Quality of life
The medical system is trying to keep people in the least restrictive living arrangements, said Carrie Cowan, a registered nurse team leader at Agrace HospiceCare, Janesville.
Cost is now more on people's minds as they talk about managed care and the Affordable Care Act, she said.
“I think that discussion becomes more forefront. Even 10 years ago to now, people are realizing that maybe it's not such a medical necessity as much as quality of life,” she said. “People see dying in an intensive care unit with tons of tubes and tests in the last few weeks may not always be the best options—that being at home with family might be a better option.”
Baby boomers are coming into the system in large numbers, and they are going to come with certain expectations when they're ready to downsize, said Sheridan of Cedar Crest. They'll want fitness centers and activities catered to their age group, he said.
Residents at Cedar Crest already are using iPads and e-readers and are not intimidated by the technology, but Sheridan said the boomers will bring working tech knowledge and facilities will need to support their tech needs.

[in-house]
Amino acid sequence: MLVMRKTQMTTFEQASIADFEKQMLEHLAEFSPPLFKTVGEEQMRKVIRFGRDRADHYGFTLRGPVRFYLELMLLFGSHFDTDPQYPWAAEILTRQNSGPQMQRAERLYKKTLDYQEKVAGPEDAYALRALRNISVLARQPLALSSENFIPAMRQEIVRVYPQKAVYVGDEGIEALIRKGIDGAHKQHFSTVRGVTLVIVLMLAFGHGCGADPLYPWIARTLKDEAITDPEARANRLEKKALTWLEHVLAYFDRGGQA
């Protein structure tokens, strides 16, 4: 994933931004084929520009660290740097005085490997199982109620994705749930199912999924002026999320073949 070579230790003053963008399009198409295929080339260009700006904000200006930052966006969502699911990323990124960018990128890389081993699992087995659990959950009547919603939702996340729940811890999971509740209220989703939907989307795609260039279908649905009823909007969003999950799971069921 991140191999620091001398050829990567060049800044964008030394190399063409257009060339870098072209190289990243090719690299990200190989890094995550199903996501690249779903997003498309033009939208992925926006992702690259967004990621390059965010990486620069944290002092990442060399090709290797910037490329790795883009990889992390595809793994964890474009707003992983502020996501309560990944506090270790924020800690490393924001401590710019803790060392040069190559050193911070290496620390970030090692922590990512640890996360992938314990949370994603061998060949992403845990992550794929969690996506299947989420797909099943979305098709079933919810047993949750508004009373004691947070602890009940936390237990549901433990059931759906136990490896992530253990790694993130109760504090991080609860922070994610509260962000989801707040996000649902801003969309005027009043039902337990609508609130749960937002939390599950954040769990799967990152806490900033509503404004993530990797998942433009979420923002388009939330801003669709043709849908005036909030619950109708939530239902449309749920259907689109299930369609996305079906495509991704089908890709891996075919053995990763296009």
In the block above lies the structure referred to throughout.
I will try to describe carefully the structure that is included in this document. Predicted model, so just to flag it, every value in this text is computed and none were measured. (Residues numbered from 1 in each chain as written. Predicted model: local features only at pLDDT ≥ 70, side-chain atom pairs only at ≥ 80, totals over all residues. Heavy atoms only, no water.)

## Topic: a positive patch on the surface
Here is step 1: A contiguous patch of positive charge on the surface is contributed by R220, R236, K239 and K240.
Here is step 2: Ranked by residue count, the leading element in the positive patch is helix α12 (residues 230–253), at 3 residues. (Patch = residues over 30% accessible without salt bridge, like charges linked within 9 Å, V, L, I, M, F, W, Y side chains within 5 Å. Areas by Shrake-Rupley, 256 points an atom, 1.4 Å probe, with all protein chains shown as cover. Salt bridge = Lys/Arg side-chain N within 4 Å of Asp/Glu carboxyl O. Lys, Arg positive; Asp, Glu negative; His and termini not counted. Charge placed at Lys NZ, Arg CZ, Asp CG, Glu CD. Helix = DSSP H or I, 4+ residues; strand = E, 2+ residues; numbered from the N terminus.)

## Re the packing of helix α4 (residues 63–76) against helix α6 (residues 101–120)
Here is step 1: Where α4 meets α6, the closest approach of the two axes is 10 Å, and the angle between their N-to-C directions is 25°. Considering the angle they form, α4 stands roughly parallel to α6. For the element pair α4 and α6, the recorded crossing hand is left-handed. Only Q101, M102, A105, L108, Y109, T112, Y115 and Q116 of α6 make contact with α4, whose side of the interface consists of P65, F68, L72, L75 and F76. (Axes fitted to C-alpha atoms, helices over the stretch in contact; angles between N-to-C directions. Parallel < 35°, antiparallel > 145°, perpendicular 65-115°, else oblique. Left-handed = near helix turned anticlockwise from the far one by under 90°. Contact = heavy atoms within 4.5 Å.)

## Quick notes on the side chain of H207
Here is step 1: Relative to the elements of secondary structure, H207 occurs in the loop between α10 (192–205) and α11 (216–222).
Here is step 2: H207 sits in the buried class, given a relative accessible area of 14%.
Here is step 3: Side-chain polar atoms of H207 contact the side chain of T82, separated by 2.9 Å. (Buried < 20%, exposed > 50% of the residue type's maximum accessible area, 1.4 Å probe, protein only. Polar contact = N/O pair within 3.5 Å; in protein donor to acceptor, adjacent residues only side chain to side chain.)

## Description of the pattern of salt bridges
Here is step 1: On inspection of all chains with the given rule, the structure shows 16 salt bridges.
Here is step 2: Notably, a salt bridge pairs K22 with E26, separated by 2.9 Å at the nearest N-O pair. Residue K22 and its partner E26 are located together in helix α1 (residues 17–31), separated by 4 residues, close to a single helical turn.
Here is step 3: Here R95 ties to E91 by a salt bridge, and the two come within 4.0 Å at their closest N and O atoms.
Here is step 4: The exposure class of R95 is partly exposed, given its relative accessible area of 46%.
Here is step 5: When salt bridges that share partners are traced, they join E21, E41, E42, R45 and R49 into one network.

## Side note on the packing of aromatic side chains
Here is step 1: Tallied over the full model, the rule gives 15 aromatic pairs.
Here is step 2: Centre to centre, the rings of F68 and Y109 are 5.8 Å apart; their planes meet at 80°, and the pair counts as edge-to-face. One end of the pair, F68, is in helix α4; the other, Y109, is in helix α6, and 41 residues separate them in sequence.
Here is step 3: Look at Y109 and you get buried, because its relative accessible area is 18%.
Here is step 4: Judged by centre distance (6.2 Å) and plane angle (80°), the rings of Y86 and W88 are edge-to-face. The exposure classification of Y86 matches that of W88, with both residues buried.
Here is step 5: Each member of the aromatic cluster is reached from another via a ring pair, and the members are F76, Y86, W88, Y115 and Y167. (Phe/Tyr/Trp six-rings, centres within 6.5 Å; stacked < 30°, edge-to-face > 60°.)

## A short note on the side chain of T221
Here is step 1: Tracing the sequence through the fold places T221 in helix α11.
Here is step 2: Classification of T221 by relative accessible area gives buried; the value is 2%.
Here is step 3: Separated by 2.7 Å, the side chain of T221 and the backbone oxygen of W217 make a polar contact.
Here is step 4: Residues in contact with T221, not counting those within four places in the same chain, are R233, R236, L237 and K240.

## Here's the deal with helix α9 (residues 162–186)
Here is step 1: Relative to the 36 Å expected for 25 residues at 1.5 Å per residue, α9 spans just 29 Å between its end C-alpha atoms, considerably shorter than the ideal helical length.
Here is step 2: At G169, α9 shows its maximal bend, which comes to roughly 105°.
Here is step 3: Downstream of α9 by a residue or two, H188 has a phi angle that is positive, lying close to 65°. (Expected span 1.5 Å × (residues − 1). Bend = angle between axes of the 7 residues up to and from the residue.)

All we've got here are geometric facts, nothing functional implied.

He recalled a recent panel discussion of Cedar Crest residents who were talking to prospective residents. Residents said they wished they had moved sooner because they would have had more time to enjoy all the additional activities.
Diane Skinner of Kelly House and her husband are in an “aging group” of eight couples. They started meeting monthly about 18 months ago to talk about aging issues and what's important to them. They've talked a lot about the end-of-life care for their parents and how they want theirs to look.
“In our aging group, we all decided that whatever happens, we feel the sense of community is the most important thing, whether it be your family or your own community of friends,” she said.